"We have Bulgarian and Romanian gangs committing 90 per cent of ATM crimes and there have been 28,000 arrests of Romanian people for serious offences in the past five years." Daily Express, 25 October 2013
When we ring in the new year this January, Romanian and Bulgarian nationals hoping to find work in the UK will have more reason to celebrate than most.
On January 1 2014, the transitional restrictions that prevent citizens from these 'A2 countries' from finding employment without a work permit - restictions which have been in place since Bulgaria and Romania joined the EU in 2007 to guard against disruption to the British labour market - will be lifted.
Some have also warned about an increased risk of crime, and we've examined claims that the UK is in the grip of a "Romanian crimewave" earlier in the year. The Express developed this theme last week, pointing out that nine out of ten of those responsible for fraud at cash points were from these countries.
The claim that 90% of crime at ATMs (or cash machines) is the work of Romanian gangs has often been repeated in the press as far back as early 2012.
It can be traced back to DCI Paul Barnard, then head of the Dedicated Cheque and Plastic Crime Unit (DCPCU) - a police unit run in partnership with banks and financial services companies. DCI Barnard told ITV1's 'Fraud Squad' programme that:
"The fact is 92 per cent of all ATM fraud we see in this country is committed by Romanian nationals."
We spoke to the DCPCU hoping to find out more, but were told that DCI Barnard was no longer head of the unit, and that no further details were held on this particular claim.
Although a spokesperson did tell us that the figure was based on "police intelligence at the time", he also said that no statistics were available on the issue.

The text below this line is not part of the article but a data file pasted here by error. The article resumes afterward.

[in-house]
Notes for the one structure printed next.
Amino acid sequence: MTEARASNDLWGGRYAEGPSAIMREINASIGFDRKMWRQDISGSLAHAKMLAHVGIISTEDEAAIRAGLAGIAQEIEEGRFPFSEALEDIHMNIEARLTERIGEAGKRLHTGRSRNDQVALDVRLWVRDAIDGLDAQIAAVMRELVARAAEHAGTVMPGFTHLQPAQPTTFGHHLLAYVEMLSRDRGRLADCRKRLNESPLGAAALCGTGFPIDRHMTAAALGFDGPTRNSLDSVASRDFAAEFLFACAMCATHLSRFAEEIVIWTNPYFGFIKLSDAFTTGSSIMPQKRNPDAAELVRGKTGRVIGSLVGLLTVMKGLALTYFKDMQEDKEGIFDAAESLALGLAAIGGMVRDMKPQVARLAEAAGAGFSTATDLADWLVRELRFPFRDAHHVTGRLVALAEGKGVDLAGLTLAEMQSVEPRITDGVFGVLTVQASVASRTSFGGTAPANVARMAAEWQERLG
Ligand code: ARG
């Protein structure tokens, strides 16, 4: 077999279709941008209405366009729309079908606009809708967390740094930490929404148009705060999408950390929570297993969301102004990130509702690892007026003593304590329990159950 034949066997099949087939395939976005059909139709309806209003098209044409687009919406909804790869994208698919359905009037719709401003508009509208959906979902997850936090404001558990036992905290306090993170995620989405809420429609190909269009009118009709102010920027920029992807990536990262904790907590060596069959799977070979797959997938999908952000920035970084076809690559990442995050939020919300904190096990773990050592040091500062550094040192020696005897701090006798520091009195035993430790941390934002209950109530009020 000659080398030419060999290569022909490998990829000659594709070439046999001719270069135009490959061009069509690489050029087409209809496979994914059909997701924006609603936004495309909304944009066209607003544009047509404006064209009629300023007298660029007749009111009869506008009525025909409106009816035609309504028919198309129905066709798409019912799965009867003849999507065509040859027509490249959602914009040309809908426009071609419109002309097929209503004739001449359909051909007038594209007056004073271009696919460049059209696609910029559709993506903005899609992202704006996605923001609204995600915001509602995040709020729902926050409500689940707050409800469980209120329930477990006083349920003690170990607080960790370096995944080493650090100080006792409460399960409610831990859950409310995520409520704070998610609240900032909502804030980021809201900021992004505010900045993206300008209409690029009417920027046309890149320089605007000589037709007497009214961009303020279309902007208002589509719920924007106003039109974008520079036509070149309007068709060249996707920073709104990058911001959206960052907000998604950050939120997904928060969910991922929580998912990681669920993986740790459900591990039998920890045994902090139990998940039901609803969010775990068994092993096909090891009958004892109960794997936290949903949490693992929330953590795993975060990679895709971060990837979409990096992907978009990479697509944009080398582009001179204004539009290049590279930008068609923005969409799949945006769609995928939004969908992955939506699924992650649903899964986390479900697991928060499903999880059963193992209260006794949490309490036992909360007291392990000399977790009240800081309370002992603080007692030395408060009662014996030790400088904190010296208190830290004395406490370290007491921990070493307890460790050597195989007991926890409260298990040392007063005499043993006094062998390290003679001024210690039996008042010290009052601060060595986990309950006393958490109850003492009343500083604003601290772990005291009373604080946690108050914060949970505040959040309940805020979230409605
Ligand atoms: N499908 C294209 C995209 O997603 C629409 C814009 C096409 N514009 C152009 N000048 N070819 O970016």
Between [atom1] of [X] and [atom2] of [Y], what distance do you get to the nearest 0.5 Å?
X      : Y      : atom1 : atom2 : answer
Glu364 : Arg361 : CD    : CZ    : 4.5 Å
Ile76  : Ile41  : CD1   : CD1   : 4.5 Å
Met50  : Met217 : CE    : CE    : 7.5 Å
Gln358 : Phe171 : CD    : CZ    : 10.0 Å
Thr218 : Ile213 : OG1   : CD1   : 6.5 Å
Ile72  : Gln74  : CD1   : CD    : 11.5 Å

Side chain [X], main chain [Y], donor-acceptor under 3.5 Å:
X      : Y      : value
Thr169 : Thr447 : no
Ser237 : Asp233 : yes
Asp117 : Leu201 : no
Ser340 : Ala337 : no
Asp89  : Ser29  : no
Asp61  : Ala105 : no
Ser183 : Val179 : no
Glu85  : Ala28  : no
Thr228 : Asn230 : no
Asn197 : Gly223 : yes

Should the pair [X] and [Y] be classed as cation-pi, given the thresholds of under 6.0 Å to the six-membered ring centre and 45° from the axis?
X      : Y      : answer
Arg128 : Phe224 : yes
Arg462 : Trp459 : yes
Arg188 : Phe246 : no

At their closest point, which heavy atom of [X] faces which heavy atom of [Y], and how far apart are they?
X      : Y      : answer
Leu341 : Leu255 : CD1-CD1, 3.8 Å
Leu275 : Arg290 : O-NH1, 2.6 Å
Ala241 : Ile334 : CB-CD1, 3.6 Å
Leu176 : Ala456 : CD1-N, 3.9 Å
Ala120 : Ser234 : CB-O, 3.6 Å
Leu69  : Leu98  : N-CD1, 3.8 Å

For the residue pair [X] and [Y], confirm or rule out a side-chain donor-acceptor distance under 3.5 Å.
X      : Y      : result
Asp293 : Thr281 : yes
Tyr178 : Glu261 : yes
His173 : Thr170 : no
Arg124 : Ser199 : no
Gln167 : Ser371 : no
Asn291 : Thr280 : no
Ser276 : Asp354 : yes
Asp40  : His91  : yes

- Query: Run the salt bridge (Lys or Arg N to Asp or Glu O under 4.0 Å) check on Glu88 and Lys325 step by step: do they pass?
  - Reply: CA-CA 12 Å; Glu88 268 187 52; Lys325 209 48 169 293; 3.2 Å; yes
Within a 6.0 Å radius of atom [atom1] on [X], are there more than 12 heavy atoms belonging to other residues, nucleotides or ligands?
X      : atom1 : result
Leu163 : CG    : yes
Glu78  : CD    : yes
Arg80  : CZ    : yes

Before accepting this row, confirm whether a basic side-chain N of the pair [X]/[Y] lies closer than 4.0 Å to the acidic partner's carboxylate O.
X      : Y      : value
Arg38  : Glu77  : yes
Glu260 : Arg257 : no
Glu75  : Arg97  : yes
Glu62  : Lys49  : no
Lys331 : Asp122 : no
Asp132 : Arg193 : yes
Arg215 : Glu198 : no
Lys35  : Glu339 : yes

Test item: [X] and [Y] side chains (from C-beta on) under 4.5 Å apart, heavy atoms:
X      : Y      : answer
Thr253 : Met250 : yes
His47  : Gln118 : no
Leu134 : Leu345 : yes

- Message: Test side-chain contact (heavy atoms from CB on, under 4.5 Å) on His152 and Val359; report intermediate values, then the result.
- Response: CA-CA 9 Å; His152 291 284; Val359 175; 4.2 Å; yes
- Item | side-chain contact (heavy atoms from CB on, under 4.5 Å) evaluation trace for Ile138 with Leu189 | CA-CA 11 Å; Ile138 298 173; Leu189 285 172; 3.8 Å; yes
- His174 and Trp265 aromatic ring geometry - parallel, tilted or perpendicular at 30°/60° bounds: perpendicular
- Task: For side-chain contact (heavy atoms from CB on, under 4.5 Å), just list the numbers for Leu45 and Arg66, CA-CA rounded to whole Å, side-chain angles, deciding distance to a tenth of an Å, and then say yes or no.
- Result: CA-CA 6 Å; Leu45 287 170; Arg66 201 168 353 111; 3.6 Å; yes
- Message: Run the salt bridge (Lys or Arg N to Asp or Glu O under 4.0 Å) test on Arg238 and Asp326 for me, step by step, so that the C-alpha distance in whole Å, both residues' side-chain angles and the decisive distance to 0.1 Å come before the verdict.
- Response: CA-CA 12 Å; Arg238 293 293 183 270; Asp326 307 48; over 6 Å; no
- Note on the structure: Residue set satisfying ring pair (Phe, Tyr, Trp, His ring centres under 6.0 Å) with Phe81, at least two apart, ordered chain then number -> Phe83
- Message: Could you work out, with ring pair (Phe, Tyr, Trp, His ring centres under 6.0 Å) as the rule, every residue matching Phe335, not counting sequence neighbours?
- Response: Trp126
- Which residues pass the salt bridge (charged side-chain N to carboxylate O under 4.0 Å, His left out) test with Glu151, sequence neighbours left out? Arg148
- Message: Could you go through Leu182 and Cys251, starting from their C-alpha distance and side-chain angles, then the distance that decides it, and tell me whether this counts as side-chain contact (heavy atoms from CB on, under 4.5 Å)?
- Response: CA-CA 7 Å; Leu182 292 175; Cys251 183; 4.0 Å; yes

What we can tell from this is that the Express has been a little unfair to Bulgarians: according to the source of the claim, it is Romanian nationals alone who are responsible for 92% of ATM fraud.
But there are many unanswered questions in relation to this statistic. We don't know what time period it refers to, and whether more up-to-date figures might show a decrease, and whether it is based on anecdotal evidence, or a more thorough review of the problem.
Despite the popularity that this claim has enjoyed in the press, more publicly-available research would be needed to properly assess its accuracy.
28,000 serious offenders?
The second part of the Express's claim focuses on the number of Romanians arrested for "serious crimes".
The source is data that was released in response to a Freedom of Information request by the Metropolitan Police. According to this, there were 27,725 arrests of Romanian nationals in the five years covering the period 2008 to 2012. (In fact, owing to a change in recording methodology, data for 2008 only covers the months April to December, so may underestimate the total for this year.)
While the headline number itself is accurate - only Polish nationals were arrested more frequently in this period - the Express's interpretation leaves a little to be desired.
This is because the data does not relate only to "serious" crimes, but covers all arrests on suspicion of any number of crimes. In fact, the figures separate out the most serious offences, such as murder, rape and other sexual offences, burglary, robbery and other violent offences. These accounted for under a fifth of all arrests, with the remaining 22,332 falling under the 'other offences' category.
It's also worth remembering that these figures relate to arrests where the person is suspected of having committed a crime, and not the numbers charged, let alone found guilty, of these offences.
While both parts of the Express's claim on the prevalance of Romanian crime in the UK have some evidence underpinning them, both need to be carefully understood. A former head of the police unit tasked with tackling ATM crime has indeed estimated that 92% of fraud at cash machines is committed by Romanian nationals (although the Express also threw Bulgarian nationals into the mix), we don't know the basis for this assertion, nor whether or not it still applies.
Similarly, almost 28,000 Romanians have been arrested in the past five years according to Metropolitan Police figures, but only a small fraction of these were on suspicion of "serious" offences.
UPDATE: We originally said Romania and Bulgaria joined the EU in 2005 rather than 2007.